Fifth, public and private recapitalization of financial institutions unfairly benefits unsecured creditors (all creditors but insured depositors) of such institutions. So, you also need to convert some of this unsecured debt (the sub debt and other debt unsecured debt) into equity (a debt for equity swap). Such swap further reduce the leverage of the financial system (leading to a lower debt to equity ratio for financial institutions).

Sixth, after this crisis is resolved the banking and financial system may need lower capital than before this crisis so as to avoid new asset and credit bubbles; and if you recapitalize some banks that will be able to lend more (still with lower leverage ratios) you still need to let other insolvent banks and financial institutions to go bust and disappear. Only healthier institution should survive. So you need to a systematic triage between banks that are distressed, undercapitalized and illiquid but solvent once the private and public recapitalization occurs from those that are fundamentally insolvent and that need to be shut down. You need to destroy the bad apples to let the good ones or the sick but curable ones survive and thrive.

Seventh, as in the case of the RTC the assets of the banks that are bankrupt and are allowed to fail go to the HOME for workout (debt restructuring/reduction).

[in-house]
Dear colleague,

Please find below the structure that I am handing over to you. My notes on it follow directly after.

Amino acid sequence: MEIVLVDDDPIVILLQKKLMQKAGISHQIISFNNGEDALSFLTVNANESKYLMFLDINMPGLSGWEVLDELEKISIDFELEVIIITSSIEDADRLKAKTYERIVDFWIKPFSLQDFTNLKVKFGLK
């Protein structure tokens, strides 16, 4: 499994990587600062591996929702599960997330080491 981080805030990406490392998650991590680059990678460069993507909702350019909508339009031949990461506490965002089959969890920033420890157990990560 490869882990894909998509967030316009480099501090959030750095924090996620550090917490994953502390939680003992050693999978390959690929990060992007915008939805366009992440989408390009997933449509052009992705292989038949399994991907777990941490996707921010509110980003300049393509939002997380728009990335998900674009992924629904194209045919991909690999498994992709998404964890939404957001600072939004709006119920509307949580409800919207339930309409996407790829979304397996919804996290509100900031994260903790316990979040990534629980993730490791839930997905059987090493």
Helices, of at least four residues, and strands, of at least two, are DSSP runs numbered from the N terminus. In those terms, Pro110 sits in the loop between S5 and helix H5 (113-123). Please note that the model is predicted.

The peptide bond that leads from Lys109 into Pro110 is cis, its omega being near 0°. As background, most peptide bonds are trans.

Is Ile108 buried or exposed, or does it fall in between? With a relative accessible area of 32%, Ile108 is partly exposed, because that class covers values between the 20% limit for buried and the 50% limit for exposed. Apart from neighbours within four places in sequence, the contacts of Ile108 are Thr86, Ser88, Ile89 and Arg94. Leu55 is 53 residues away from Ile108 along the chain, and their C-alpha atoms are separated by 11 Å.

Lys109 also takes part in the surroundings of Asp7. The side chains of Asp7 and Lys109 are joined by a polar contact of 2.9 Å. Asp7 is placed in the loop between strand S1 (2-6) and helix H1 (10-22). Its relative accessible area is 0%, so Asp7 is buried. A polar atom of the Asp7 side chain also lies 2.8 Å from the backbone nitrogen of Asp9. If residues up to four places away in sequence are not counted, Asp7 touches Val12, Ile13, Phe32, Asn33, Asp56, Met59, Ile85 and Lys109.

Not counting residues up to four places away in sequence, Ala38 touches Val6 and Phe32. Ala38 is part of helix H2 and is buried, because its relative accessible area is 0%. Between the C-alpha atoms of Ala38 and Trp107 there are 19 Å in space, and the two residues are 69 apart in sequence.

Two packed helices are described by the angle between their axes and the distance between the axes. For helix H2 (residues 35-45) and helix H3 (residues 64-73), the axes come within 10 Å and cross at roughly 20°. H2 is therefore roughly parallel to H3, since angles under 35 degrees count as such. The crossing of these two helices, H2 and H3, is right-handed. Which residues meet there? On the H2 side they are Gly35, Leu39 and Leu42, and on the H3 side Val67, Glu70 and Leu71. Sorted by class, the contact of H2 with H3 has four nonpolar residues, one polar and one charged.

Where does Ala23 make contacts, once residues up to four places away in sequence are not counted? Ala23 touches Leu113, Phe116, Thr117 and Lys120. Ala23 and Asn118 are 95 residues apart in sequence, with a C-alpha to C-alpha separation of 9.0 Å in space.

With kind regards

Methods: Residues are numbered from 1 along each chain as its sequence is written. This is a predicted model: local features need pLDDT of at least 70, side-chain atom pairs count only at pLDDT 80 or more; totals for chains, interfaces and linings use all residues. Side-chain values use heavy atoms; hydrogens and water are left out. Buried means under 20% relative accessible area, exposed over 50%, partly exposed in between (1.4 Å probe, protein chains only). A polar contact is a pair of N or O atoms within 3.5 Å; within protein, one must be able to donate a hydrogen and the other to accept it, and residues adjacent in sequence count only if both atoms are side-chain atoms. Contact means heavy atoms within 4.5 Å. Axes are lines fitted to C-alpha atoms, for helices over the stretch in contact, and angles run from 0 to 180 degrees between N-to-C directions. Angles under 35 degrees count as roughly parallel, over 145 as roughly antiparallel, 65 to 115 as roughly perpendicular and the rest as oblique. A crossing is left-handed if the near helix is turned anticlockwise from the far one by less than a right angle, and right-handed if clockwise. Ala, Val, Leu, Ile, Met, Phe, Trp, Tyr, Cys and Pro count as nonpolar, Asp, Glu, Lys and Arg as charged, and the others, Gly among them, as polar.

Eighth, you need an HOLC-like [Home Owners Loan Corporation] program for debt reduction of the household sector. Households in the US have too much debt (subprime, near prime, prime mortgages, home equity loans, credit cards, auto loans and student loans) while their assets (values of their homes and stocks) are plunging leading to a sharp fall in their net worth. And households are getting buried under this mountain of mounting debt and rising debt servicing burdens. Thus, a fraction of the household sector – as well as a fraction of the financial sector and a fraction of the corporate sector and of the local government sector – is insolvent and needs debt relief. When a country (say Russia, Ecuador or Argentina) has too much debt and is insolvent it defaults and gets debt reduction and is then able to resume fast growth; when a firm is distressed with excessive debt it goes into bankruptcy court and gets debt relief that allows it to resume investment, production and growth; when a household is financially distressed it also needs debt relief to be able to have more discretionary income to spend. So any unsustainable debt problem requires debt reduction. The lack of debt relief to the distressed households is the reason why this financial crisis is becoming more severe and the economic recession – with a sharp fall now in real consumption spending – now worsening. The fiscal actions taken so far (income relief to households via tax rebates) and bailouts of distressed financial institutions (Bear Stearns creditors’ bailout, Fannie and Freddie and AIG) do not resolve the fundamental debt problem for two reasons. First, you cannot grow yourself out of a debt problem: when debt to disposable income is too high increasing the denominator with tax rebates is ineffective and only temporary; i.e. you need to reduce the nominator (the debt). Second, rescuing distressed institutions without reducing the debt problem of the borrowers does not resolve the fundamental insolvency of the debtor that limits its ability to consume and spend and thus drags the economy into a more severe economic contraction. So of the five possible uses of fiscal policy – income relief to households (the 2008 tax rebate), rescue/bailout of financial institutions (Bears Stearns, Fannie and Freddie, AIG), purchase of assets of failed institutions (an RTC-like institution), recapitalization of undercapitalized financial institutions (an RFC-like institution), government purchase of distressed mortgages to provide debt relief to households (an HOLC-like institution) – the last option is the most important and effective to resolve this severe financial and economic crisis. During the Great Depression the Home Owners’ Loan Corporation was create to buy mortgages from bank at a discount price, reduce further the face value of such mortgages and refinance distressed homeowners into new mortgages with lower face value and lower fixed rate mortgage rates. This massive program allowed millions of households to avoid losing their homes and ending up in foreclosure. The HOLC bought mortgages for two year and managed such assets for 18 years at a relatively low fiscal cost (as the assets were bought at a discount and reducing the face value of the mortgages allowed home owners to avoid defaulting on the refinanced mortgages). A new HOLC will be the macro equivalent of creating a large “bad bank” where the bad assets of financial institutions are taken off their balance sheets and restructured/reduced.